29 March 2015

Lingering Doubts - Thank you to Toowong & District Historical Society

Last Friday we shared our grandfather's story with another wonderful group of people from our family's former neighbourhood. We consider this an honour and a privilege. Bronia Armstrong and her family were also residents of this neighbourhood.  
Following our presentation a gentleman came forward to express his admiration for a young woman he met in the fifties. He said she was not only beautiful on the outside but also on the inside. The young woman was our Aunt Melva, the eldest of the Brown children.
A snapshot of our family's pioneering life in Brisbane's western suburbs can be read in the Toowong & District Historical Society publication The Cocks Family Tree - available for purchase from the Society and held by the Toowong Library.

Deb and Jan

20 March 2015

Lingering Doubts - 68 years ago - Death in Boggo Road Gaol - Part 9

Thursday 20 March, 1947

Early in the morning on this day, our grandfather's body was discovered. He was 9 days into his life sentence. It was alleged he committed suicide by hanging himself with his belt which  apparently he had attached to the bars of the cell window. On a piece of jail issued toilet paper Reg Brown declared his innocence.

Coincidentally, also on this day the Courier-Mail received a letter from an unknown person confessing to Bronia Armstrong's murder. In line with the speed of the investigation and trial, Detective 'Stewie' Kerr instantly disregarded the handwritten confession letter.

Deb and Jan

excerpt from The Courier-Mail - 21 March, 1947

11 March 2015

Lingering Doubts - 68 years ago - Guilty! - Part 8

Tuesday 11 March, 1947

Today our grandfather's (and his family's) worst nightmare came true when the jury returned a guilty verdict. Reg Brown was given a life sentence to be served in Boggo Road Gaol. Minutes earlier from the holding cell below the Supreme Court he had told a reporter:
Well, the verdict could not be guilty. You see, I am not guilty. I didn't kill that girl. There can only be one verdict. I will be free in a few minutes.
It was reported our grandfather, whose physical appearance had deteriorated dramatically since his arrest only 8 weeks earlier, struggled to his feet and stumbled from the dock. Reg Brown, family man and accountant, was returned to Boggo Road Gaol but this time to the 'lifers'  block.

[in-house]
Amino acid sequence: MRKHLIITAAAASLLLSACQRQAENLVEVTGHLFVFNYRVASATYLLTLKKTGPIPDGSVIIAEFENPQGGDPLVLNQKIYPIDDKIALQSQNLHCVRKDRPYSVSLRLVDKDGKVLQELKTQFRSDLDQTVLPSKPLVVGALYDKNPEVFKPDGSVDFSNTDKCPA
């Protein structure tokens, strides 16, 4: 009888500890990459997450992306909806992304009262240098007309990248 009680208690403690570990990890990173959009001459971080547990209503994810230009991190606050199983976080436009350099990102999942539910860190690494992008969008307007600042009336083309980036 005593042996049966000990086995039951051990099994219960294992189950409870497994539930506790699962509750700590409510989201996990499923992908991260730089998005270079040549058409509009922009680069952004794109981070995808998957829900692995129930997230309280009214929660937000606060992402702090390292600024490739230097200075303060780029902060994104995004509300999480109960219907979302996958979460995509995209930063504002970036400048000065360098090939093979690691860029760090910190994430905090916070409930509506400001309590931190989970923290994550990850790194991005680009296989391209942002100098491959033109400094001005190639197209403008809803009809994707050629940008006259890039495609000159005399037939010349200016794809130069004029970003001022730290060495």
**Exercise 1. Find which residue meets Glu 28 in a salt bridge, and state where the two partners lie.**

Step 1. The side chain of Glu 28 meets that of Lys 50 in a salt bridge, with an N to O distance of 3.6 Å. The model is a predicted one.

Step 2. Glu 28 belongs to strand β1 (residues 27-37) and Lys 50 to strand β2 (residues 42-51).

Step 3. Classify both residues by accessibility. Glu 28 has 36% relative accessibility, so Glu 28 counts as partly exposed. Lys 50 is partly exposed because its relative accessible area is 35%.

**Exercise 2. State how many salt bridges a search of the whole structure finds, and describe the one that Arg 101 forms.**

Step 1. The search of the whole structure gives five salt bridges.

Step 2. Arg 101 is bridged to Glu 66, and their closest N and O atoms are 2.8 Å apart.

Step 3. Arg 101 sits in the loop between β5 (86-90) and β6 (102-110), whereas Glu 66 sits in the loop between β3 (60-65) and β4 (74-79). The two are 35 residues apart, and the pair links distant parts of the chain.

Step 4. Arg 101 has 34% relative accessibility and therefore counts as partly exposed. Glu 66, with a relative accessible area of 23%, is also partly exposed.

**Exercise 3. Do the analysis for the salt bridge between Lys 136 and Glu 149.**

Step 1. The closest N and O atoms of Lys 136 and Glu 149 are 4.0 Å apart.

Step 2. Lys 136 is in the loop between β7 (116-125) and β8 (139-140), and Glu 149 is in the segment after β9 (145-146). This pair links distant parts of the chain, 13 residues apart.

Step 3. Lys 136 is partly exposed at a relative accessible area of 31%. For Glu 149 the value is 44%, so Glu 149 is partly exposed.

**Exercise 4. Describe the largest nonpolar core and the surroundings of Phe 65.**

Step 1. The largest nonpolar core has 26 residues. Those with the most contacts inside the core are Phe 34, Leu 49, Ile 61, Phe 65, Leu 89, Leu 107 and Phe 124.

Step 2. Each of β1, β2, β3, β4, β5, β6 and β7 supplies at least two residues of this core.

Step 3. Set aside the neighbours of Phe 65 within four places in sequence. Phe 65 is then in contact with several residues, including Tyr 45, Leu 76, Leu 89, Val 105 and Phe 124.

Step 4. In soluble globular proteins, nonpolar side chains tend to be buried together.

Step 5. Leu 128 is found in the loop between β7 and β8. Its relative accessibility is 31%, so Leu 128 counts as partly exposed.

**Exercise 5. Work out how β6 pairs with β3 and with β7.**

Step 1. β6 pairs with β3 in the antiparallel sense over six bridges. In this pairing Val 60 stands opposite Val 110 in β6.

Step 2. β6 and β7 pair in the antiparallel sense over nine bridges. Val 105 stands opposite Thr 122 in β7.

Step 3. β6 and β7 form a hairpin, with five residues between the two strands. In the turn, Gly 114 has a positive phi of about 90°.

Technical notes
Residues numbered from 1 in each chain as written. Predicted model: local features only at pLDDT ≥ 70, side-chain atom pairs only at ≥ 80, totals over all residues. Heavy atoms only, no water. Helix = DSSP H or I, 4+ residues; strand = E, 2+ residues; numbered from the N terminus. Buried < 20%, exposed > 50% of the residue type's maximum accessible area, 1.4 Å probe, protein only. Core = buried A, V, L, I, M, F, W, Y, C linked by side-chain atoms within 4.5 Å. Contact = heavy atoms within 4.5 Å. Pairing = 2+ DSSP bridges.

One year ago on this very day, exactly 68 years after the event, we were presented with new and important evidence. This evidence supports our grandfather's claims of innocence, and shows just how criminal the all-powerful investigating police were in their pursuit of a conviction.

New evidence: a visitor to the Wallace Bishop Arcade heard a scream that Friday afternoon 10 Jan 1947.  When she queried the scream, this visitor was told, by the Arcade librarian, that the screams had been going on all afternoon; the librarian supposed the rehearsals were taking place across the passageway.

There was never a mention of these rehearsals, instead police said the screams had come from Bronia Armstrong when she was attacked by our grandfather in his office during business hours.

At the trial, Crown witnesses reported hearing screams, ranging in number from 2 to 100. The only person to speak of rehearsals was our grandfather when he was responding to police questioning. Within 9 days of his sentence being handed down he was dead.

Deb and Jan

7 March 2015

Lingering Doubts - 1 Year On

12 months since Lingering Doubts was launched at Brisbane's Regatta Hotel! And our grandfather's story has travelled further than we could ever have imagined. Furthermore, the growing support we are receiving in favour of Reg Brown's innocence is nothing short of astounding. It continues to be an incredible journey. 
Thank you one and all, from us and on behalf of our family.
Deb and Jan

5 March 2015

Lingering Doubts available in Caboolture

We are happy to advise that copies of Lingering Doubts - Going inside Brisbane's Arcade Murder can now be purchased at Caboolture Park News located in King Street.
Our thanks to Tony.
Deb and Jan

3 March 2015

Lingering Doubts - 68 years ago - Supreme Court Trial - Part 7

Monday 3 March, 1947

Today, less than two months after our grandfather's arrest, the murder trial officially known as Rex v Brown commenced in Brisbane. The Crown prosecutor's opening address, included a piece of significant 'evidence' which, he said, would be later relayed to the court by the 'Crown witness' himself. However the Crown failed to call this 'witness' to the stand, therefore Reg's defence team were denied the opportunity of cross-examination. This is, naturally, considered to be fundamentally unfair and  unethical and would support an application to discharge the jury on the basis it involved a mistrial. The breach was not acknowledged; not by the Crown,  the defence team nor the Supreme Court judge, (Sir) Alan Mansfield.
Deb and Jan